< Transfer-Encoding: chunked
< Date: Sun, 29 Oct 2017 23:25:36 GMT
< 
{
  "title" : "First Article",
  "content" : null,
  "_links" : {
    "self" : {
      "href" : "http://localhost:8080/articles/1"
    },
    "article" : {
      "href" : "http://localhost:8080/articles/1"
    }
  }
}

4.3. Adding Query Parameters

We can specify query parameters as JSON fragments using the –params parameter.

Let's get an article by the given title:

http://localhost:8080/articles:> get search/findByTitle \
> --params "{title: "First Article"}"

> GET http://localhost:8080/articles/search/findByTitle?title=First+Article

< 200 OK
< Content-Type: application/hal+json;charset=UTF-8
< Transfer-Encoding: chunked
< Date: Sun, 29 Oct 2017 23:39:39 GMT
< 
{
  "title" : "First Article",
  "content" : null,
  "_links" : {
    "self" : {
      "href" : "http://localhost:8080/articles/1"
    },
    "article" : {
      "href" : "http://localhost:8080/articles/1"
    }
  }
}

4.4. Setting Headers

The command called headers allows managing headers within the session scope – every request will be sent using these headers. The headers set takes the –name and –value arguments to determine a header.

We are going to add a few headers and make a request including those headers:

http://localhost:8080/articles:>
  headers set --name Accept --value application/json

{
  "Accept" : "application/json"
}

http://localhost:8080/articles:>
  headers set --name Content-Type --value application/json

{
  "Accept" : "application/json",
  "Content-Type" : "application/json"
}

http://localhost:8080/articles:> get 1

> GET http://localhost:8080/articles/1
> Accept: application/json
> Content-Type: application/json

4.5. Writing Results to a File

It's not always desirable to print out the results of an HTTP request to the screen. Sometimes, we need to save the results in a file for further analysis.

The –output parameter allows performing such operations:

http://localhost:8080/articles:> get search/findByTitle \
> --params "{title: "First Article"}" \
> --output first_article.txt

>> first_article.txt

4.6. Reading JSON From a File

Often, JSON data is too large or too complex to be entered through the console using the –data parameter.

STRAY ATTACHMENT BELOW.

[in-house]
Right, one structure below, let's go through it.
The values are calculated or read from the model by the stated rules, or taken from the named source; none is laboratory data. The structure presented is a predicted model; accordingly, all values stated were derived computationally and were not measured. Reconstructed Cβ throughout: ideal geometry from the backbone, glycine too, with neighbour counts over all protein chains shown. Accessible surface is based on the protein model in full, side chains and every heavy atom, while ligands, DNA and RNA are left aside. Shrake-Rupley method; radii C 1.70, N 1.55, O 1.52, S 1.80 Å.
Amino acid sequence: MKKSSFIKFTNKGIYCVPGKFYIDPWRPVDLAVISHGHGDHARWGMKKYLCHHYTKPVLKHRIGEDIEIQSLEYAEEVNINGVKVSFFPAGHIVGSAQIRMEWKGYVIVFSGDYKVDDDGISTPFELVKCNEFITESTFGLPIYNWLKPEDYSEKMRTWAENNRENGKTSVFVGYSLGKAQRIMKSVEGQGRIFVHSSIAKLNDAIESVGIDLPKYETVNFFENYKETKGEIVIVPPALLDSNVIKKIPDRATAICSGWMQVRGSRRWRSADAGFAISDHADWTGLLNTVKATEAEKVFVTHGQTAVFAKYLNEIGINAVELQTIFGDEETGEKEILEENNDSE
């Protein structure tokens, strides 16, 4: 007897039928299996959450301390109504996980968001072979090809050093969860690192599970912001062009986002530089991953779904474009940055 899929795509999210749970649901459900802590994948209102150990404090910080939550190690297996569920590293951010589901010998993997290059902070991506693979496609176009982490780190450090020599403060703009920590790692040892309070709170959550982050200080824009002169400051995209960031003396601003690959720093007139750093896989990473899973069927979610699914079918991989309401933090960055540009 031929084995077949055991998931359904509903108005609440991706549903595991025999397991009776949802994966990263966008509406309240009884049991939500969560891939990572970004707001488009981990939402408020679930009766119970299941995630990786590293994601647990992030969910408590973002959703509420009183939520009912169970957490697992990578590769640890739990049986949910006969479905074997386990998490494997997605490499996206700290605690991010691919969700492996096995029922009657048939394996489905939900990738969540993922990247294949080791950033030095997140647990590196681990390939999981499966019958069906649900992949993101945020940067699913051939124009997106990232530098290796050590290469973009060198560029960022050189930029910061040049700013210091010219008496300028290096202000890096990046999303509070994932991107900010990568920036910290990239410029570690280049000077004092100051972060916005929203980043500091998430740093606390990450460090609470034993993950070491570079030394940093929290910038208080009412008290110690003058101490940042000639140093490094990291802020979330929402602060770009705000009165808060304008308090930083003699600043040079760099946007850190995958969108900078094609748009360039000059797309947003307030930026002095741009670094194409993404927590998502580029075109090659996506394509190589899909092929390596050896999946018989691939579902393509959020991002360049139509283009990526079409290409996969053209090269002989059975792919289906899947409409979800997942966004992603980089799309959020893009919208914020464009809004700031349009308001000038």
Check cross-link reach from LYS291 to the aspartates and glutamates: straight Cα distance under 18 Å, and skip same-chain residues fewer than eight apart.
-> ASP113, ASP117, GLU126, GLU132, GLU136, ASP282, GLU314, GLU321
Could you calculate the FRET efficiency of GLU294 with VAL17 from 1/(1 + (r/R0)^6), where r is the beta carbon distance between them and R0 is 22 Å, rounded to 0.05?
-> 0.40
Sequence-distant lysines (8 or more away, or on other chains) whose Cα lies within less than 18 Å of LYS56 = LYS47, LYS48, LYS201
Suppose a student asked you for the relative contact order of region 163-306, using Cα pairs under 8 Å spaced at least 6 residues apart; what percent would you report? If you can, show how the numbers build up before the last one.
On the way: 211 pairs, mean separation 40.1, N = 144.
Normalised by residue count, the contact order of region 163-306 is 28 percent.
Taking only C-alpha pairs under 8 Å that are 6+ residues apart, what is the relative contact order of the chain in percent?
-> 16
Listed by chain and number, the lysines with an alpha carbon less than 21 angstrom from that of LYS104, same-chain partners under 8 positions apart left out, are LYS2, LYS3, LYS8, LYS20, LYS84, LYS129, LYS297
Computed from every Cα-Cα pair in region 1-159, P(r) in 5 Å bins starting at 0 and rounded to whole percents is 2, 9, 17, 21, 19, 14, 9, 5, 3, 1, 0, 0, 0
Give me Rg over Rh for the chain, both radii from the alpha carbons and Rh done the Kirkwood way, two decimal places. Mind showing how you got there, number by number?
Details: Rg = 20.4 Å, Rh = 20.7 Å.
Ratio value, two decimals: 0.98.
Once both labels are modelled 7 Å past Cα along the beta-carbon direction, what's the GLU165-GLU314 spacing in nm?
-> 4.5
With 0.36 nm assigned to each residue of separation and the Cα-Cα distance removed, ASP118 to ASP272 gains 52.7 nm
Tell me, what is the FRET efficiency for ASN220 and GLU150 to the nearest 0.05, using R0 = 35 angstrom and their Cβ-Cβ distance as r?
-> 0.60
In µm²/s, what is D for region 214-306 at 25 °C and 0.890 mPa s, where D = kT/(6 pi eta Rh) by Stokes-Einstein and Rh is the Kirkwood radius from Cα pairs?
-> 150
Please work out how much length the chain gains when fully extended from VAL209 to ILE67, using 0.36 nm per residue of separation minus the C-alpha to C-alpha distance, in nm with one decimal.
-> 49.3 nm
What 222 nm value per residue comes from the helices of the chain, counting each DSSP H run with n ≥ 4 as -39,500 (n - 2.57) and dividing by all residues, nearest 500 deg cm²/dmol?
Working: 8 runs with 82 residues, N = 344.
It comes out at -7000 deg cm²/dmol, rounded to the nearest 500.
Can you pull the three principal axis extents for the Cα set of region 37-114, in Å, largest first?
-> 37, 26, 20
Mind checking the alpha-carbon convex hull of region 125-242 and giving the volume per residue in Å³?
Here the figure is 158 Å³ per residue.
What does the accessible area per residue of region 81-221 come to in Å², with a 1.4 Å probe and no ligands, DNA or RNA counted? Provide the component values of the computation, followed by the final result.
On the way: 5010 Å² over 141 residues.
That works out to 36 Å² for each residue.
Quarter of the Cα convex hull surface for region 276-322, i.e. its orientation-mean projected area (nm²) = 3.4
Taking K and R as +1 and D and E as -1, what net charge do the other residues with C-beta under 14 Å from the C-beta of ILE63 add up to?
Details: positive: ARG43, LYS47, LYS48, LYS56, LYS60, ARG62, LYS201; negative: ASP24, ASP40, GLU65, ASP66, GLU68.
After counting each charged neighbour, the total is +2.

Also, there are some limitations on the format of the JSON data we can enter directly into the command line.

The –from parameter gives the possibility of reading data from a file or a directory.

If the value is a directory, the shell will read each file that ends with “.json” and perform a POST or PUT with the content of that file.

If the parameter is a file, then the shell will load the file and POST/PUT data from that file.

Let's create the next article from the file second_article.txt:

http://localhost:8080/articles:> post --from second_article.txt

1 files uploaded to the server using POST

4.7. Setting Context Variables

We can also define variables within the current session context. The command var defines the get and set parameters for getting and setting a variable respectively.

By analogy with the headers, the arguments –name and –value are for giving the name and the value of a new variable:

http://localhost:8080:> var set --name articlesURI --value articles
http://localhost:8080/articles:> var get --name articlesURI

articles

Now, we're going to print out a list of currently available variables within the context:

http://localhost:8080:> var list

{
  "articlesURI" : "articles"
}

Having made sure that our variable was saved, we'll use it with the follow command to switch to the given URI:

http://localhost:8080:> follow #{articlesURI}
http://localhost:8080/articles:> 

4.8. Viewing History

All the paths we visit are recorded. The command history shows these paths in the chronological order:

http://localhost:8080:> history list

1: http://localhost:8080/articles
2: http://localhost:8080

Each URI is associated with a number that can be used to go to that URI:

http://localhost:8080:> history go 1
http://localhost:8080/articles:>

5. Conclusion

In this tutorial, we've focused on an interesting and rare tool in the Spring ecosystem – a command line tool.

You can find more information about the project over on GitHub.

And, as always, all the code snippets mentioned in the article can be found in our repository.

November Discount Launch 2022 – Bottom